I don't know if it's because I ate them while I was in the service or what, but to me they taste just like real eggs...especially if they have lot's of black pepper and some hot sauce sprinkled on liberally!
With a side of bacon or ham, some flour gravy, and fresh biscuits and you have a great meal! I'm certainly not going to turn down a meal like this, that's for sure!
Anyway, I thought you might be interested in just how these eggs are processed, so I wanted to share the information with you. This information is courtesy of Steven Cyros at MREDepot. Good folks that I have dealt with before and have always been very satisfied!
Where did the idea come from, and how are they made today?
Powdered Whole Eggs (some times referred to as Spray-Dried Eggs or Dehydrated Eggs) have actually been around since the 1930's. They were developed by Albert Grant and Co of the Mile End Road - a cake manufacturer who was importing liquid eggs from China at the time. It was actually one of his staff that realized that the eggs were 95% water and therefore expensive to ship from the Orient. They built an experimental freeze drying plant and gave it a try. The end result after much trial and error was that a factory was ultimately set up in Singapore to process Chinese eggs.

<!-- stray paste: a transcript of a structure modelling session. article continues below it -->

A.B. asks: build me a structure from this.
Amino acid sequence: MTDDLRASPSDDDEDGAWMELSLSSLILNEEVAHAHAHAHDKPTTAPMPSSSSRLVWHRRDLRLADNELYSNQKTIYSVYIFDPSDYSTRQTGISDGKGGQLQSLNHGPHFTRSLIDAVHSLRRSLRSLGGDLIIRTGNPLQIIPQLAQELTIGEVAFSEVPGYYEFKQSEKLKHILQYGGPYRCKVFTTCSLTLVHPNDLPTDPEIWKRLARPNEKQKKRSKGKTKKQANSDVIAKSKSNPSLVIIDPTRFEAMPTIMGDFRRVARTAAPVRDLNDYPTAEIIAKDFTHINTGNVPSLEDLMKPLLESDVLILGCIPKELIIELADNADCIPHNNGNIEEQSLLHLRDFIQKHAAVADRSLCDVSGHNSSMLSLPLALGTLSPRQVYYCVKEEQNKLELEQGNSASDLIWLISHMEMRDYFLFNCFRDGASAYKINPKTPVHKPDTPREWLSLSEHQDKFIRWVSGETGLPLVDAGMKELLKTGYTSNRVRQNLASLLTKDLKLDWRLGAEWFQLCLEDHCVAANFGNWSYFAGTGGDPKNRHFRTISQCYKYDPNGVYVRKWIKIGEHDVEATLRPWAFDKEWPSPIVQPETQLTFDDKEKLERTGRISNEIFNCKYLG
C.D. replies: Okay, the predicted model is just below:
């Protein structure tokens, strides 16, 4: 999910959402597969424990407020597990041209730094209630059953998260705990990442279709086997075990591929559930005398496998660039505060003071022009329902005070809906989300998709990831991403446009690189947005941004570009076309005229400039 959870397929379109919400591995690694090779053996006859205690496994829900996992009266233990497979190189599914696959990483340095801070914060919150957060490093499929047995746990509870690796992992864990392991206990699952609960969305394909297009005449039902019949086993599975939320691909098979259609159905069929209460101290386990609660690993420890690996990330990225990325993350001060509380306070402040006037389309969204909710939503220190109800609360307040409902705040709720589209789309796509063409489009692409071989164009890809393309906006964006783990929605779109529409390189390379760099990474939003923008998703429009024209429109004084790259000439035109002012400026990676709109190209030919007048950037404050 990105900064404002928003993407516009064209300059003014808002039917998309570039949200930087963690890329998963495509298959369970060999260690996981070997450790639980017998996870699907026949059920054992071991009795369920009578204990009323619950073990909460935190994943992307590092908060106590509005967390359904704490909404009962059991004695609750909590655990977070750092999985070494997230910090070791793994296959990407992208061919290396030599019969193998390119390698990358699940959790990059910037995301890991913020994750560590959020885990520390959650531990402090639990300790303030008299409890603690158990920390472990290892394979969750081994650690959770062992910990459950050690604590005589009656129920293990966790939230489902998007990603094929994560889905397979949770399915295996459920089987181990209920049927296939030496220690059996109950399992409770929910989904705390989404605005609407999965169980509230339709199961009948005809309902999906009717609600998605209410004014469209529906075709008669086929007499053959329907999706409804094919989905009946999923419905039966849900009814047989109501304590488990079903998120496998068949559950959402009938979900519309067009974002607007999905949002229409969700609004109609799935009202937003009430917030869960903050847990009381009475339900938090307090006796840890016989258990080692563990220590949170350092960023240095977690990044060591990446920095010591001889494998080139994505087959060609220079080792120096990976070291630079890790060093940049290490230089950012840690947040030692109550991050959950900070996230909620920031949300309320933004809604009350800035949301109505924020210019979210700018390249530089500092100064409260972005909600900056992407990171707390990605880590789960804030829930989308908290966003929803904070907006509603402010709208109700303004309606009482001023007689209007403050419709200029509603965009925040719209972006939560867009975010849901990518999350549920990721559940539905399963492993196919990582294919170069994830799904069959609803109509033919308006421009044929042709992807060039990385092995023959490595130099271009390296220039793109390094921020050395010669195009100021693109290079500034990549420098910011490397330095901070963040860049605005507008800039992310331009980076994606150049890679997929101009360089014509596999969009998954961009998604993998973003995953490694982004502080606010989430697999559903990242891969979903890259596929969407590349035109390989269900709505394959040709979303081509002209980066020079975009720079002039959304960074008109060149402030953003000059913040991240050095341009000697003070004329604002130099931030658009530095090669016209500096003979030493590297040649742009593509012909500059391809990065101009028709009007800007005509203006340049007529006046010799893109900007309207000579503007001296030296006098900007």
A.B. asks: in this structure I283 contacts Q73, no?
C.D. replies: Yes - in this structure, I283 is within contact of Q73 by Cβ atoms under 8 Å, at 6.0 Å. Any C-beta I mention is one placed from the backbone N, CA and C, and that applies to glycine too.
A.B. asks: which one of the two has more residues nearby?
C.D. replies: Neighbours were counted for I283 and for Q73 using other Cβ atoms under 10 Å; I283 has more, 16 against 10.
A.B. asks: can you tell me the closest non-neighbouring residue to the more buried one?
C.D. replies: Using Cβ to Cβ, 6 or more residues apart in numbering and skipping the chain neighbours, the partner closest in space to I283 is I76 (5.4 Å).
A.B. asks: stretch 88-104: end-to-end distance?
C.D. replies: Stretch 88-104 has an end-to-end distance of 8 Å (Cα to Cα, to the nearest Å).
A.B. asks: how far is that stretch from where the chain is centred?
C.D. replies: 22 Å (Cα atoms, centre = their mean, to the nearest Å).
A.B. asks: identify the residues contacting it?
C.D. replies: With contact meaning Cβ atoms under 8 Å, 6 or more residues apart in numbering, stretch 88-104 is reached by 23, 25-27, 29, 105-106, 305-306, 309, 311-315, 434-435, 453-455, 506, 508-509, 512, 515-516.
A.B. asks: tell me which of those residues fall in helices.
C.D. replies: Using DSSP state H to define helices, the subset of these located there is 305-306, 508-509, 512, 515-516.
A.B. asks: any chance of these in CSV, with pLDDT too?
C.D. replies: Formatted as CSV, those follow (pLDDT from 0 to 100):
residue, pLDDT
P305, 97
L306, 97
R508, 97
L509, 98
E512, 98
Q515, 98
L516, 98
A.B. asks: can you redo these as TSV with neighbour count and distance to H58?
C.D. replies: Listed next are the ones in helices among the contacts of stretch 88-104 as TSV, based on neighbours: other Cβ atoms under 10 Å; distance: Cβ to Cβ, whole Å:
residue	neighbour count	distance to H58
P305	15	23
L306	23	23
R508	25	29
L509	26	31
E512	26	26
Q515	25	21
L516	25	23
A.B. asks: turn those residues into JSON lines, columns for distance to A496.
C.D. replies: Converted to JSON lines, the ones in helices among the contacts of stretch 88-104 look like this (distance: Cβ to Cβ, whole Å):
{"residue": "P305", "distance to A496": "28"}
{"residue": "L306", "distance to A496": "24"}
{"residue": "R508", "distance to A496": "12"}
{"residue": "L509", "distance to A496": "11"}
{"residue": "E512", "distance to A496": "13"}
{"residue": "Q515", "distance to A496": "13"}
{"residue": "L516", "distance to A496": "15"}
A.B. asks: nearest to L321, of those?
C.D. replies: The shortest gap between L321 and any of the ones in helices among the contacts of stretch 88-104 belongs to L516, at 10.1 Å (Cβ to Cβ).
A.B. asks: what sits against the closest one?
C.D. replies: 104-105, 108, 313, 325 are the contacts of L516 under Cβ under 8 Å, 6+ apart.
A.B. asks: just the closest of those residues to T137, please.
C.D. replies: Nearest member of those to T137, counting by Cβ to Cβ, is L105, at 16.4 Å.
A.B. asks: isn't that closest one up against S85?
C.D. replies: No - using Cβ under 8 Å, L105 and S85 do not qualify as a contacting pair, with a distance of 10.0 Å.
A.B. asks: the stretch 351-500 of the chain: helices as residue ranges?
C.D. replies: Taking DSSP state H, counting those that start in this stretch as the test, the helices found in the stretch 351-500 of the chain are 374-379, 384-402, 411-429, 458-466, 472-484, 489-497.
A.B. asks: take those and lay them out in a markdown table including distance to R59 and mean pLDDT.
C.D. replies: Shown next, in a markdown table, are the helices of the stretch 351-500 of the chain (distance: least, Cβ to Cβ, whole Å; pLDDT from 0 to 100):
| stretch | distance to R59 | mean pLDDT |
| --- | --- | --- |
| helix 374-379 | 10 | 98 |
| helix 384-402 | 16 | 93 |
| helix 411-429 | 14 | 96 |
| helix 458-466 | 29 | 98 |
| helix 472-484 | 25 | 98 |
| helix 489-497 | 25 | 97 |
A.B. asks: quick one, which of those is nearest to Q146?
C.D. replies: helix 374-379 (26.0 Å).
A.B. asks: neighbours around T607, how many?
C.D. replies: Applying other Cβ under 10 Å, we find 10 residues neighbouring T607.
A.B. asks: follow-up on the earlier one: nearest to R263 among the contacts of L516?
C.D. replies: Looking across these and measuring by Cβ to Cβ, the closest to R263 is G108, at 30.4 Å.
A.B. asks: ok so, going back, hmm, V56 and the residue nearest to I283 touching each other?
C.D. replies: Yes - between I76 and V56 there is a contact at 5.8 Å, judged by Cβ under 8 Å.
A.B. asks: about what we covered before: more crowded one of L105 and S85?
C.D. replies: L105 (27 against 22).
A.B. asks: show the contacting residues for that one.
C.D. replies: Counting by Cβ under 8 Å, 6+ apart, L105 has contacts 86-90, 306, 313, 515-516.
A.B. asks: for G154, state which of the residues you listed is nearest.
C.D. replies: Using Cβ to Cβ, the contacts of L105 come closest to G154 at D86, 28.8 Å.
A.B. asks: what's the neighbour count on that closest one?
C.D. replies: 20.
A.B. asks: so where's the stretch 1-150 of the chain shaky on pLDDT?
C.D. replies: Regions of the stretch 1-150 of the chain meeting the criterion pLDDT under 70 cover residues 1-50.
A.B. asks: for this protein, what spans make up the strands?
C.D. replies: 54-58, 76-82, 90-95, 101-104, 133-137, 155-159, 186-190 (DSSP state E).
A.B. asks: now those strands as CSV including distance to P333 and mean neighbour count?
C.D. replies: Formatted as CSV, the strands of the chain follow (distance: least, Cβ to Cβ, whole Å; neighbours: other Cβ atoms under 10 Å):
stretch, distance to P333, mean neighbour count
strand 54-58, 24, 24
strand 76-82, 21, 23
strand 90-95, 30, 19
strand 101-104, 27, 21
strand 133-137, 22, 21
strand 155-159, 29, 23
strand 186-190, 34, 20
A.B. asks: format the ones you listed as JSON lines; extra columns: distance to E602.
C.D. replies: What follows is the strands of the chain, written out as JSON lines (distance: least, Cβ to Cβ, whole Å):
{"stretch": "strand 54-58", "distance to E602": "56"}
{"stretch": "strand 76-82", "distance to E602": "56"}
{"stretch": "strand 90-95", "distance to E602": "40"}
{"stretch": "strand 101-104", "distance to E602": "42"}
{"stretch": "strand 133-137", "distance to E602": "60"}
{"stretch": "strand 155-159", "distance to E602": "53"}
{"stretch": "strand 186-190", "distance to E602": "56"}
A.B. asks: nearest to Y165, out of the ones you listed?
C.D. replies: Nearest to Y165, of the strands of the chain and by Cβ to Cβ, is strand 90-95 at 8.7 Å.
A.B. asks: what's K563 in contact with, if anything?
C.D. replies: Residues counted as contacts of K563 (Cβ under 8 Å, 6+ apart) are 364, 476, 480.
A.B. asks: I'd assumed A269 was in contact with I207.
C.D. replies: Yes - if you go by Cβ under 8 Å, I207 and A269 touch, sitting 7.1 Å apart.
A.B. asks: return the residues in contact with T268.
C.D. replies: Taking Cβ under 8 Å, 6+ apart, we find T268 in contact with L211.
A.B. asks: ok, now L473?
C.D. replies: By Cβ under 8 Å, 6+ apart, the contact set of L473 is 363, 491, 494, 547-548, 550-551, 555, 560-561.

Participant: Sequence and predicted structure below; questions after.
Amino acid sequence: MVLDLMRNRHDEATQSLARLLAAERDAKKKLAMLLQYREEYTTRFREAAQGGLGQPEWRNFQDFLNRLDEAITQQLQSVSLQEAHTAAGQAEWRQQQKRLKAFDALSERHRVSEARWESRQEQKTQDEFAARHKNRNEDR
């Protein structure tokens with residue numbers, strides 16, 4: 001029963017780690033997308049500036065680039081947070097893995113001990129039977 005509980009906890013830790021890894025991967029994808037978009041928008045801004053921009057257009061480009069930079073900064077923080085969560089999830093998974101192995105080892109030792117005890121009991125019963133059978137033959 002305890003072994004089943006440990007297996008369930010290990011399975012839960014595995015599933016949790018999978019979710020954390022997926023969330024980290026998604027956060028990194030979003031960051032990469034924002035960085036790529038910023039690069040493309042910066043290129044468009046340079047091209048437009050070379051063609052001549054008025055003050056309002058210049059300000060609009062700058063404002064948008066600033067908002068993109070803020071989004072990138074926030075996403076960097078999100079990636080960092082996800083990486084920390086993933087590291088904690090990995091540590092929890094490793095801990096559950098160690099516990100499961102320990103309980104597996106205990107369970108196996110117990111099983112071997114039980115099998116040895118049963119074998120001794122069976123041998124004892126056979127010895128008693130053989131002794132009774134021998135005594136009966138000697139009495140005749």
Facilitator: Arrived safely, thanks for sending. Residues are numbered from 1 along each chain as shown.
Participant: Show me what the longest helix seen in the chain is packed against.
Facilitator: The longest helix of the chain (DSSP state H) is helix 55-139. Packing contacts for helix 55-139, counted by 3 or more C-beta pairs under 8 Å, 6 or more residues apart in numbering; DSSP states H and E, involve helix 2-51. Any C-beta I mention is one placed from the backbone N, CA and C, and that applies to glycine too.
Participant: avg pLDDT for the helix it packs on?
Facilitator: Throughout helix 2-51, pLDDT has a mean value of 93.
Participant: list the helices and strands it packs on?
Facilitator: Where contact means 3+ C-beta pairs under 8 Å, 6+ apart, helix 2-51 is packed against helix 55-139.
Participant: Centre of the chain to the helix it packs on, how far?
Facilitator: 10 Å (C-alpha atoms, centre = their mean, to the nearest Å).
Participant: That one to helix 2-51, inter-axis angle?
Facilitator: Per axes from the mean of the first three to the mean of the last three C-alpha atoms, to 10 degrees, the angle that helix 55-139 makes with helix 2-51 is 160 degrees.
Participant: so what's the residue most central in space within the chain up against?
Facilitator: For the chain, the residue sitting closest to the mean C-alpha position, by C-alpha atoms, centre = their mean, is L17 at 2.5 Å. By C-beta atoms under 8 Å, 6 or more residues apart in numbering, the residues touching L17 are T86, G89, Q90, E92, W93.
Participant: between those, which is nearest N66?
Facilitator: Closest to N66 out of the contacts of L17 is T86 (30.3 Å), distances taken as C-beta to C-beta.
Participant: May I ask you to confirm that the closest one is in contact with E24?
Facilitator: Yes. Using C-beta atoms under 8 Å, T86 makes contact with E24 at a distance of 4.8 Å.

As war approached Grant transferred his dried egg facility to Argentina. The patent was lifted by the British government during the war and many other suppliers came into the market, notably in the USA. Powdered eggs were used extensively throughout the Second World War for rationing and were widely used by troops in the field as well as at home during wartime shortages. They are actually still used by many restaurants today - not only in egg dishes, but especially in baking.
Today the process of creating powdered eggs has been simplified and is very cost effective compared to the earlier methods. The eggs are cracked and separated from their shell, then the liquid is pumped through hoses to the top of a large (50 to 70 foot tall) vacuum oven/chamber. Very fine nozzles spray a mist of eggs at the top of the tower, which is heated like an oven to pasteurize the eggs for safety, and the vacuum inside means that by the time the fine droplets of eggs reach the bottom of the chamber, it is in the form of a fine powder with an extremely low moisture content. Viola - Powdered or Spray Dried Whole egg.
The end result is an extremely safe product since it has been pasteurized immediately prior to drying, and the same motivation for their development is still the biggest selling feature - you don't have to pay to ship all of the water weight, and you get an extremely versatile product with a very long shelf life.
Again, thanks to Steven Cyros for the information. Always good to add to the information data bank, don't you think?
Coffee on the patio, weather permitting. A cold front is headed this way, but we should be OK until tomorrow.